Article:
Fordham Rams: 5 Things to Take Away from the 2013-14 Season
It was another difficult season for the Fordham Rams.
For the fourth consecutive year under head coach Tom Pecora, Fordham finished below .500, with the team struggling the most against Atlantic 10 competition over the final two months of the season.
By now, the results are all too familiar for anyone who has followed this team over the years. The Rams have finished below .500 in 20 of the last 22 seasons.
This season, in some ways, was supposed to be different. Branden Frazier, a four-year starter and one of the best players in school history, returned to anchor a team that included Jon Severe, Mr. New York Basketball in 2013.
Fordham was also banking on the natural progression teams that in rebuilding mode generally experience.
Despite its 10-21 record and the struggles it had in conference play in the beginning and end of the season, there were some good signs.
Here are five things to take away from the 2013-14 season.
Branden Frazier's Final Act
If you want to put a face on the season, Branden Frazier is your guy.
So much has been said over the last couple of weeks about how much Frazier contributed to the program since the time he arrived as a freshman.
Frazier was all set to join Pecora at Hofstra, but when the Fordham job opened up and Pecora moved over to the Bronx, Frazier came with him. Over the next four years, he would put together a career that ranks as one of the best ever at Rose Hill.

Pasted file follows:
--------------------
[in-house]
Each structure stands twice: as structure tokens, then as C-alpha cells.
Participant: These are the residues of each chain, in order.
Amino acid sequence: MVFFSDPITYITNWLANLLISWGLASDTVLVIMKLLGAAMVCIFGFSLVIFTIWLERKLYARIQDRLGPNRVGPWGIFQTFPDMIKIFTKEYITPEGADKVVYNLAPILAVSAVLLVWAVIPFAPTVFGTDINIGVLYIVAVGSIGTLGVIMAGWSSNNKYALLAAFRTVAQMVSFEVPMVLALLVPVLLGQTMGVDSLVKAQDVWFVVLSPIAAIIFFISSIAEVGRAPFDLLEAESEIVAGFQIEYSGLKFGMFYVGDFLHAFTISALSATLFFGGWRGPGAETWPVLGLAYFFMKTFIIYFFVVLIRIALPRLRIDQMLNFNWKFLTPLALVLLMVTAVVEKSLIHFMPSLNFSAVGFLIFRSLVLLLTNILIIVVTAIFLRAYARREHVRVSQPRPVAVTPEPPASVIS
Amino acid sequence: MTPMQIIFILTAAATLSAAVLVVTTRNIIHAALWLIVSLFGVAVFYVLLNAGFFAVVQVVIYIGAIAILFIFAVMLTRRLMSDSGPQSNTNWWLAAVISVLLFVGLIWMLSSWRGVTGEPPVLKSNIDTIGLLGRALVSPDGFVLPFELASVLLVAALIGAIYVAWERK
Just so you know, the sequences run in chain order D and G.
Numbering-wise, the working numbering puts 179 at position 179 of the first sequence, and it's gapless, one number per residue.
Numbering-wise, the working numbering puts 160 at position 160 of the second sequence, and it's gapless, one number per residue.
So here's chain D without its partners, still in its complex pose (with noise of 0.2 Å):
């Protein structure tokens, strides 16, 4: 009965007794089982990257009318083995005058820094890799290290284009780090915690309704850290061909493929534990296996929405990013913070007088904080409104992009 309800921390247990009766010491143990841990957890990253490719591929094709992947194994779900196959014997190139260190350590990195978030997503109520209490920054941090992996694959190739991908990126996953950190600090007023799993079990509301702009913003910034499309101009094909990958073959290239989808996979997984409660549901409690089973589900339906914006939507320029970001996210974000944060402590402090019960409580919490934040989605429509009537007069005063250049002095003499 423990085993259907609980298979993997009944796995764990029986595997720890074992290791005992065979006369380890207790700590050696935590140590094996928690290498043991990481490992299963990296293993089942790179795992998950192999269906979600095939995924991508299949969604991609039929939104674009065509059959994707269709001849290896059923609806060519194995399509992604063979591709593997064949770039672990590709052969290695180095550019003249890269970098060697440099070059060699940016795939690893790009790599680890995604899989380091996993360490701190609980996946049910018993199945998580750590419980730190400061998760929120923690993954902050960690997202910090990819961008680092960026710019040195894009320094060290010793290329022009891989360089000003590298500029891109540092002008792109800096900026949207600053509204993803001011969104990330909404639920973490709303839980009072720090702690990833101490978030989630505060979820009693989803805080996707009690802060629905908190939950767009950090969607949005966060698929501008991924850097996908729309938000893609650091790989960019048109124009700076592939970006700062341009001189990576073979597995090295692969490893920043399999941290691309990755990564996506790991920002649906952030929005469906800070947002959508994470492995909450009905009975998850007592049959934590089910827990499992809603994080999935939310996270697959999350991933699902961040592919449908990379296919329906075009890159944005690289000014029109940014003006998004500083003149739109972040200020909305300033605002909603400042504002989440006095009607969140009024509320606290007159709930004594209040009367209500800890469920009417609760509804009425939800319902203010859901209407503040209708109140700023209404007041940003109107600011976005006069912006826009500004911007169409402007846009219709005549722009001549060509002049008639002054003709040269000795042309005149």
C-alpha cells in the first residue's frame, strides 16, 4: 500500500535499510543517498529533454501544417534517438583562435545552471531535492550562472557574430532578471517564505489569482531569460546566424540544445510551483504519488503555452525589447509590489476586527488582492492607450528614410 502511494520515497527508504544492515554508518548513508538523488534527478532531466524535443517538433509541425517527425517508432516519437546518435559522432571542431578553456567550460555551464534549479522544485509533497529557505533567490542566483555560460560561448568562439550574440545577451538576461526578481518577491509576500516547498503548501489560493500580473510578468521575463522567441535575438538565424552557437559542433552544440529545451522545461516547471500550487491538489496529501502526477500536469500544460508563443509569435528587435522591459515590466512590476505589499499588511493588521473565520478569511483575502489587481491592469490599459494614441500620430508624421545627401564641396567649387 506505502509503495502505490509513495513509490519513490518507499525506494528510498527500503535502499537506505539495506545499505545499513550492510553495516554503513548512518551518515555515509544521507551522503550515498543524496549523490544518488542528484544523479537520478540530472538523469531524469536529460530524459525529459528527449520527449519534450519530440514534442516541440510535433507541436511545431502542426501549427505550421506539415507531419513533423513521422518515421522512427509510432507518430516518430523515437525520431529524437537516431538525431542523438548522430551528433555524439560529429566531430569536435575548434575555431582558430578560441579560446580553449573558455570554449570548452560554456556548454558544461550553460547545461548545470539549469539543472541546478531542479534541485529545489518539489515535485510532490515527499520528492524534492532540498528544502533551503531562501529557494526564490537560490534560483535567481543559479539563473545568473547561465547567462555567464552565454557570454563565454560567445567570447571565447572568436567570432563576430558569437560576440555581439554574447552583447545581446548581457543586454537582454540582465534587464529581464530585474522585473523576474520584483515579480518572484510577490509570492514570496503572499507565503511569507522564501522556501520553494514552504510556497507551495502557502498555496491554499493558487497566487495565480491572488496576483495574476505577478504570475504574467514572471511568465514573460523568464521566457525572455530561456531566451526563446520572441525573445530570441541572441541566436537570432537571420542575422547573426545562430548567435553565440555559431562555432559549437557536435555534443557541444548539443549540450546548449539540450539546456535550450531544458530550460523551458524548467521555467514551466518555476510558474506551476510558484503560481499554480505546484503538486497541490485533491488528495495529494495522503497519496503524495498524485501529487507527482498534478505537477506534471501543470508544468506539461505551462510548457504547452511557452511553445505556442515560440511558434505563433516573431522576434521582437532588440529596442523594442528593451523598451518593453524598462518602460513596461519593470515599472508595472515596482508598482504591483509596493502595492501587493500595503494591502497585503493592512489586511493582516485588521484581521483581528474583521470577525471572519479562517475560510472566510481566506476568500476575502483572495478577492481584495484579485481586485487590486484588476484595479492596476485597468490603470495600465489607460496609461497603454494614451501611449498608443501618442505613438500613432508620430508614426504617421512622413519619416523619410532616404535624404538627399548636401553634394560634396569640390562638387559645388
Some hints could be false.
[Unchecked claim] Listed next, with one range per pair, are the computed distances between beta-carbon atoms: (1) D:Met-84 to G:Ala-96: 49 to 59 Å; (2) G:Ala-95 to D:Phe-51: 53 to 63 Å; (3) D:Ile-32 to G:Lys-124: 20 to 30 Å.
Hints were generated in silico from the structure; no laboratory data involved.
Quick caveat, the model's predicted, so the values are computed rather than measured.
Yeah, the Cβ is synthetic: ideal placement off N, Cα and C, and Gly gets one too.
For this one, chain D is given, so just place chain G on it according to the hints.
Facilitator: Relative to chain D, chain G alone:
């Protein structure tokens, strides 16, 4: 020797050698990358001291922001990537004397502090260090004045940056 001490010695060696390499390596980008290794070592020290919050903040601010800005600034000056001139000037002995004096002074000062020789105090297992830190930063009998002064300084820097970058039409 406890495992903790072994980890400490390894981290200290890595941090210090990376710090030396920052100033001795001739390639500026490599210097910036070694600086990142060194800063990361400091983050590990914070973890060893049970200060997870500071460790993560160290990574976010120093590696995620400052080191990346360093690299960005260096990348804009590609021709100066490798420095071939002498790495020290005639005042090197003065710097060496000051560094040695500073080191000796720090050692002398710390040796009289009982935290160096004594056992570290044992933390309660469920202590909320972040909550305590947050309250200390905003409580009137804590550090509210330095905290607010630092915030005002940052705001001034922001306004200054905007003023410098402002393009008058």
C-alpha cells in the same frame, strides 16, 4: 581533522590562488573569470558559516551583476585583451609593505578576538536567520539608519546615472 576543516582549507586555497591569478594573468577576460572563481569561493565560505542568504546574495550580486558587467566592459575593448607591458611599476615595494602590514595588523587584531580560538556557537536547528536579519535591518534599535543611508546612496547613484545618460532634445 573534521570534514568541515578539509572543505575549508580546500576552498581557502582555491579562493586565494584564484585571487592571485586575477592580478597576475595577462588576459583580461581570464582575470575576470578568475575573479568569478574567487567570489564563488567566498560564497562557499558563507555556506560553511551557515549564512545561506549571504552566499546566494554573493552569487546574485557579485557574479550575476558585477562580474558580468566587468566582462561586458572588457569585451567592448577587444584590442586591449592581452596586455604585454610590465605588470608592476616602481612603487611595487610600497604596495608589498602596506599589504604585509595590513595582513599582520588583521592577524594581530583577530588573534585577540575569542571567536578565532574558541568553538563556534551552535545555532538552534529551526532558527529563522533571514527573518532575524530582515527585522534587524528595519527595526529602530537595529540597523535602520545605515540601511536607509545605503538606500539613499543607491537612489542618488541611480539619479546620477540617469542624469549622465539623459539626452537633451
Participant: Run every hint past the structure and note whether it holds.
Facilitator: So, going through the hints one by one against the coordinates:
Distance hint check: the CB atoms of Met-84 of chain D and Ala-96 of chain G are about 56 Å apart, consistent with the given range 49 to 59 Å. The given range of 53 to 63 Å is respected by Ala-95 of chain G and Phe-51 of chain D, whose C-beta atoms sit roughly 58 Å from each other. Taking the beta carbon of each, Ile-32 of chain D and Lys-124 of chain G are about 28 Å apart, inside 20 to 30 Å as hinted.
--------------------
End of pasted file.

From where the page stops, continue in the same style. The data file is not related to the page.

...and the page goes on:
Frazier finished second in school history in assists (495) and ninth in points (1,642). As the only senior who played regularly, he provided much-needed leadership.
Statistically, his senior season was his best. He led the team in scoring (18.2 points per game) and assists (4.3 per game).
As was the case all season, in an interview with WFUV Radio on Saturday, Pecora was asked about the impact Frazier had.
"Branden Frazier's a special guy," he said. "He took a chance on me; he took a chance on Fordham. He could have stayed and waited to see who [Hofstra] hired and how they moved forward, and gone there to a program that was winning. He believed in us and he believed in Fordham.
"He's been a great player for us. He's done everything we asked. He's made great sacrifices and he has no regrets."
Judging by the reception he got on Senior Day and the accolades thrown his way as the season came to a close, he won't be forgotten any time soon.
Welcome to Rose Hill, Jon Severe
In so many ways, Jon Severe was the symbol of Fordham's youth movement.
For much of the season, he led the team in scoring. In 25 of Fordham's 31 games, he scored in double digits, 11 times scoring 21 or more points.
But he was also wildly inconsistent and struggled at times with shot selection—exactly what you would expect from a freshman.